We have considered the two schemata adopted by the Vatican Council: The Constitution on the Liturgy andThe Decree on the Communications Media. There remain fifteen additional schemata which have either been discussed or await treatment, but which have not yet been officially adopted. These schemata contain material, the adoption or rejection of which will have a marked effect on the Romish Church not only, but also upon the ecumenical movement of our day. The Rev. H.
ECUMENISM In the last article, I did not conclude the treatment of the fifth schema, Ecumenism. I quoted a summary of the fourth of five chapters: The Relations of the Catholics to the Jews. There is considerable opposition to this chapter, though there is evidently nothing in it which conflicts with other Romish doctrine. The opposition probably arises because the Romish churches in Arab lands fear reprisal if Rome takes any favorable stand regarding Jews. A brief commentary on this chapter is presented by Father Gregory Baum:
It was in January of 1963 that a bishop in the Anglican Church of England by the name of John A.T. Robinson published a book under the title “Honest to God,” It was a small book, and expectations were that it would receive but a small circulation, mostly among the clergy and serious students of theology. There was something about this book, however, which immediately struck the attention of the public, and its sales soon soared into the tens of thousands.
Concerning the Reformation Rally, held October 27, 1965, in the Civic Auditorium of Grand Rapids, Michigan, the Mission Committee of the Protestant Reformed Churches in America has asked us to write a brief article and place it in The Standard Bearer. It is especially written for the information of those who were not privileged to attend this outstanding event.
The Fifth General Assembly of the Presbyterian J Church in America, meeting in the auditorium of the First Baptist (that’s right folks, Baptist) Church of Smyrna, Georgia, was called to order by retiring moderator William A. McIlwaine on the evening of September 12, 1977. The Baptist facility was used because there is no PCA building in the Greater Atlanta area, nor in many other areas for that matter, large enough to handle the 600 plus commissioners who would eventually come together for this meeting.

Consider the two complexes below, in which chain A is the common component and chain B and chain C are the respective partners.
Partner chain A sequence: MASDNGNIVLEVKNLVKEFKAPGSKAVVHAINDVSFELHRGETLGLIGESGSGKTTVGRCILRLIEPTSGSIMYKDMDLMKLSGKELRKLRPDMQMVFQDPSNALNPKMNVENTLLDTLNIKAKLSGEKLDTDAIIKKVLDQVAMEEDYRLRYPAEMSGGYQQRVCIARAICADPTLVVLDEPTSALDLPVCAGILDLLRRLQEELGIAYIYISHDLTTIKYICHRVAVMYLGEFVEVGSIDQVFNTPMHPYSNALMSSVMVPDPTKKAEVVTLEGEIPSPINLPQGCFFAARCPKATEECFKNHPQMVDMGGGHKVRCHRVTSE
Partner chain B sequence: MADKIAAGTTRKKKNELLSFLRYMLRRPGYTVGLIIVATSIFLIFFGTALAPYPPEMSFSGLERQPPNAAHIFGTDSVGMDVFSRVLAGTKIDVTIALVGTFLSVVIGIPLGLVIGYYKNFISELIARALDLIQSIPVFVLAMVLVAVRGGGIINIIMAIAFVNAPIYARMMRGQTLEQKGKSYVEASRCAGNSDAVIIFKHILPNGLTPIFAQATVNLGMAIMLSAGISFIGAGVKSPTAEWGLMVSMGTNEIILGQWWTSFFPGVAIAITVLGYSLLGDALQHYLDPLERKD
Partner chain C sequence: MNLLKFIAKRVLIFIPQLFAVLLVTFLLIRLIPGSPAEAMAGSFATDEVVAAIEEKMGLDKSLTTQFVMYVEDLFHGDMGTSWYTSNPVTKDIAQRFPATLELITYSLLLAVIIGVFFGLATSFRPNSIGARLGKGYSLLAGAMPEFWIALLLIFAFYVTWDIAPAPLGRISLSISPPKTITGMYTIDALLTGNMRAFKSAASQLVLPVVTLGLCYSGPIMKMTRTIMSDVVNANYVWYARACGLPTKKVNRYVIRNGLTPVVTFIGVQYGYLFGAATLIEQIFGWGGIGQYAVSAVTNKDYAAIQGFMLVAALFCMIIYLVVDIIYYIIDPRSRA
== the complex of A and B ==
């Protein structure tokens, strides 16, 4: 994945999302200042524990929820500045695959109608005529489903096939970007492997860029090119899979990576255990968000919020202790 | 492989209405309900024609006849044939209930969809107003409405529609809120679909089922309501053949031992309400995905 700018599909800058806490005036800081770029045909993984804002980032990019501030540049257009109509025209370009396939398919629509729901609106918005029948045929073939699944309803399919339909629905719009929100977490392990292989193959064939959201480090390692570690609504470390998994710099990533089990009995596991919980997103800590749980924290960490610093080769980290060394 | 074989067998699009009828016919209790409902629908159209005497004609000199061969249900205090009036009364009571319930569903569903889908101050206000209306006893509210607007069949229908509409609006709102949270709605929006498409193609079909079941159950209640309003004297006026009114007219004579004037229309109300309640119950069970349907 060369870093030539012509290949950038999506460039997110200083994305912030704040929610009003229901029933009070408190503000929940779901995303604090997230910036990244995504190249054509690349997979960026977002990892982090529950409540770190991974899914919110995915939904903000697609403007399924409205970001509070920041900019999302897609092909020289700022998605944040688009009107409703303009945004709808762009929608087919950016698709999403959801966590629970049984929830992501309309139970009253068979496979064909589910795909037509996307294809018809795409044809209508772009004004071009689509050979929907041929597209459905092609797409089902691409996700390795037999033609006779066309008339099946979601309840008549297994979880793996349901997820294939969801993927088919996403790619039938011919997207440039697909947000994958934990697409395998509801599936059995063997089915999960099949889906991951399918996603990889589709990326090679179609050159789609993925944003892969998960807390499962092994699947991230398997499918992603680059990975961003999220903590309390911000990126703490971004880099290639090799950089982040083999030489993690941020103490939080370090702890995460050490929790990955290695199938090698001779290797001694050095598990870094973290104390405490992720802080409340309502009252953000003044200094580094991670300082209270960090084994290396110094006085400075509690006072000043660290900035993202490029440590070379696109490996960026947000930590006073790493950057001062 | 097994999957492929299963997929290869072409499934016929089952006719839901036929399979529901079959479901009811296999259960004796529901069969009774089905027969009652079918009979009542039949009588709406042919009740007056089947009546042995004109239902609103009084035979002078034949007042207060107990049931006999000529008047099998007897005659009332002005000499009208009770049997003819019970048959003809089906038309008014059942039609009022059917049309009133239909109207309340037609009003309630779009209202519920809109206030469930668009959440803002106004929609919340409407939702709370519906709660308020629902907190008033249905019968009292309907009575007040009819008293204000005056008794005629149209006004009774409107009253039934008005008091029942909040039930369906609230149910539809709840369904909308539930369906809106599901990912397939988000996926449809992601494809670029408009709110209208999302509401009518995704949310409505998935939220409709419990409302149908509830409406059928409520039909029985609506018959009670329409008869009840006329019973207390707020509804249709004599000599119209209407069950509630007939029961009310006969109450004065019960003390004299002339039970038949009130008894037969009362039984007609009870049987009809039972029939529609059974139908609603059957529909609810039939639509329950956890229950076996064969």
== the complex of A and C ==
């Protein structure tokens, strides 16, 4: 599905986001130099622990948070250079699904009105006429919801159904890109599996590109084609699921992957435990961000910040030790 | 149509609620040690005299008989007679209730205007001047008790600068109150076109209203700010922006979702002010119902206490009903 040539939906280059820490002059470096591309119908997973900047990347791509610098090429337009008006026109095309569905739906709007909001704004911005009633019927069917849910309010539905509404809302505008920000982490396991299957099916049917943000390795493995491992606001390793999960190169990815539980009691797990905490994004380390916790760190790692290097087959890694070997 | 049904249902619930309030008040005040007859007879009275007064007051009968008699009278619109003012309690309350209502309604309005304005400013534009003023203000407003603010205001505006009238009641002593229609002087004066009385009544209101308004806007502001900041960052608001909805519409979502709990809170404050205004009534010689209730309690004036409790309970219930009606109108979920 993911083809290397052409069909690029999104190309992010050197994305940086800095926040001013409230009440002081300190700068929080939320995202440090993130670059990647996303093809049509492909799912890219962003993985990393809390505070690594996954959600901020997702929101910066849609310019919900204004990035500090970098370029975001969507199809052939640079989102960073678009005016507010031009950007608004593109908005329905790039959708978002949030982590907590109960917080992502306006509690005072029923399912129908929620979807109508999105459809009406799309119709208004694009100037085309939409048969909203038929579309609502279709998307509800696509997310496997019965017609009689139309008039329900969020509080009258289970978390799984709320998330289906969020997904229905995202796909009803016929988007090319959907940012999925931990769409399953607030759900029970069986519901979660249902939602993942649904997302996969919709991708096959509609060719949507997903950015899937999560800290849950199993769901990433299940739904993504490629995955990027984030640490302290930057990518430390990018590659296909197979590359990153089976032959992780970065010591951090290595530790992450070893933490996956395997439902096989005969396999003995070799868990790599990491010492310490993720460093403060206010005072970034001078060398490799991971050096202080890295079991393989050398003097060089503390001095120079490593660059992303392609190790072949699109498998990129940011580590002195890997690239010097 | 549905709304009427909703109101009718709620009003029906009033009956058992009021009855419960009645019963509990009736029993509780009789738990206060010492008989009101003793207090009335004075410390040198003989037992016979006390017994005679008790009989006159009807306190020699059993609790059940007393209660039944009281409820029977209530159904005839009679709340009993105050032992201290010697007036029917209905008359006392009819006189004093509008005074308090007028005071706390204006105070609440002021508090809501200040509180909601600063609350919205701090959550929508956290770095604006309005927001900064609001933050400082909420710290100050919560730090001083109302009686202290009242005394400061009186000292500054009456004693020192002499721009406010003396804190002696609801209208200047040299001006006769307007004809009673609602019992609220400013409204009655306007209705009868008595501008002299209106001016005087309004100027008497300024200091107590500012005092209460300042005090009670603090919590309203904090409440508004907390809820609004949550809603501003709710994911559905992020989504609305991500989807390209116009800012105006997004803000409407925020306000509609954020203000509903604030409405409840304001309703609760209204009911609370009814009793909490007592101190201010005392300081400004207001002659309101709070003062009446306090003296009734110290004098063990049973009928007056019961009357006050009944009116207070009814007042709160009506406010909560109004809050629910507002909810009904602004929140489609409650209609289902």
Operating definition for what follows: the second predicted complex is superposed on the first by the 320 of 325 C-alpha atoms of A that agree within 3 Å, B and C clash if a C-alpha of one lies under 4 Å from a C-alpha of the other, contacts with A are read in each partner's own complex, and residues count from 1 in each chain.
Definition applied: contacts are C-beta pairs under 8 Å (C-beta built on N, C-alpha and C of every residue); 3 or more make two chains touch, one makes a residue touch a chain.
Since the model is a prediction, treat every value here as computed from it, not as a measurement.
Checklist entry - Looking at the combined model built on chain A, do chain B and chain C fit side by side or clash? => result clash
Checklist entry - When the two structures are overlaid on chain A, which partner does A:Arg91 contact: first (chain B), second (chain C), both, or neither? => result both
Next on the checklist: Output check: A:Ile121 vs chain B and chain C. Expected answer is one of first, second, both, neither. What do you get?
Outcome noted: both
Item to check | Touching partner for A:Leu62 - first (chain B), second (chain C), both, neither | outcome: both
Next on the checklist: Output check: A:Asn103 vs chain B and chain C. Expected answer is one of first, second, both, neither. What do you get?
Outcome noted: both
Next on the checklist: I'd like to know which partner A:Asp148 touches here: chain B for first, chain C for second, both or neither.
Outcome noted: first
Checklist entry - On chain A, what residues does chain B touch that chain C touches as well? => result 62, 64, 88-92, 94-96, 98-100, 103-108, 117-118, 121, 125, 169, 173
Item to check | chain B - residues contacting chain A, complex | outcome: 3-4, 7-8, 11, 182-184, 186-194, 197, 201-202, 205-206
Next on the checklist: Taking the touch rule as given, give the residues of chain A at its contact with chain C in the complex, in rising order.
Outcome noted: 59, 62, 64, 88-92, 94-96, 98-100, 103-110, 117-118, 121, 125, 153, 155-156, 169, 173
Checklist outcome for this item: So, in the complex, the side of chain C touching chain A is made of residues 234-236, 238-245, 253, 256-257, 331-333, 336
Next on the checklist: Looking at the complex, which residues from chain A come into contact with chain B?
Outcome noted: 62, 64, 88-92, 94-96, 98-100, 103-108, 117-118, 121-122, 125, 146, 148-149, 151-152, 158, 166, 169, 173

*We print here an abbreviated version of the annual report. May 2, 2011 The Board welcomes all of you to this annual meeting and thanks you for the support you show by your attendance this evening. The Lord in His infinite knowledge and plan has given us the privilege of educating all the covenant children that He has given us. We as a Board are privilegedto work for the children with special needs whom God in His wisdom has given us. We need your help, your prayers, and your financial support, but also we need you to advocate for this great cause....
By the time this report is printed, most of the readers will have heard something about the Second General Assembly of the National Presbyterian Church. At the very least, they will most likely know that we are no longer the NPC, but have become the Presbyterian Church in America. Therefore, the purpose of this effort will be to consider some of the decisions made by the Assembly from a point of view that is very similar to that held by most of the readers of theStandard Bearer.
If one would attempt to capture the predominate mood of this year’s Synod in one short phrase, one would most likely conclude that the appropriate phrase would be that Synod labored in a profound sense of thankfulness to our covenant God for the many blessings He has given. This consciousness of God’s faithfulness was especially impressed upon the delegates by the sharp contrast between the work before our Synod and the nature of the work facing many other higher ecclesiastical assemblies in other denominations.
Those who read the report of the Second Assembly of the Presbyterian Church in America, published in this paper last October, will remember that the spirit of that report was very critical. At that time, there were strong doubts whether the PCA would amount to anything even remotely resembling a Reformed and Presbyterian Church. Happily, there is cause for guarded optimism in the wake of this year’s Assembly. Certainly, it is not yet time to be at ease in Zion, but the outlook is generally brighter than some of us would have dared to predict a year ago.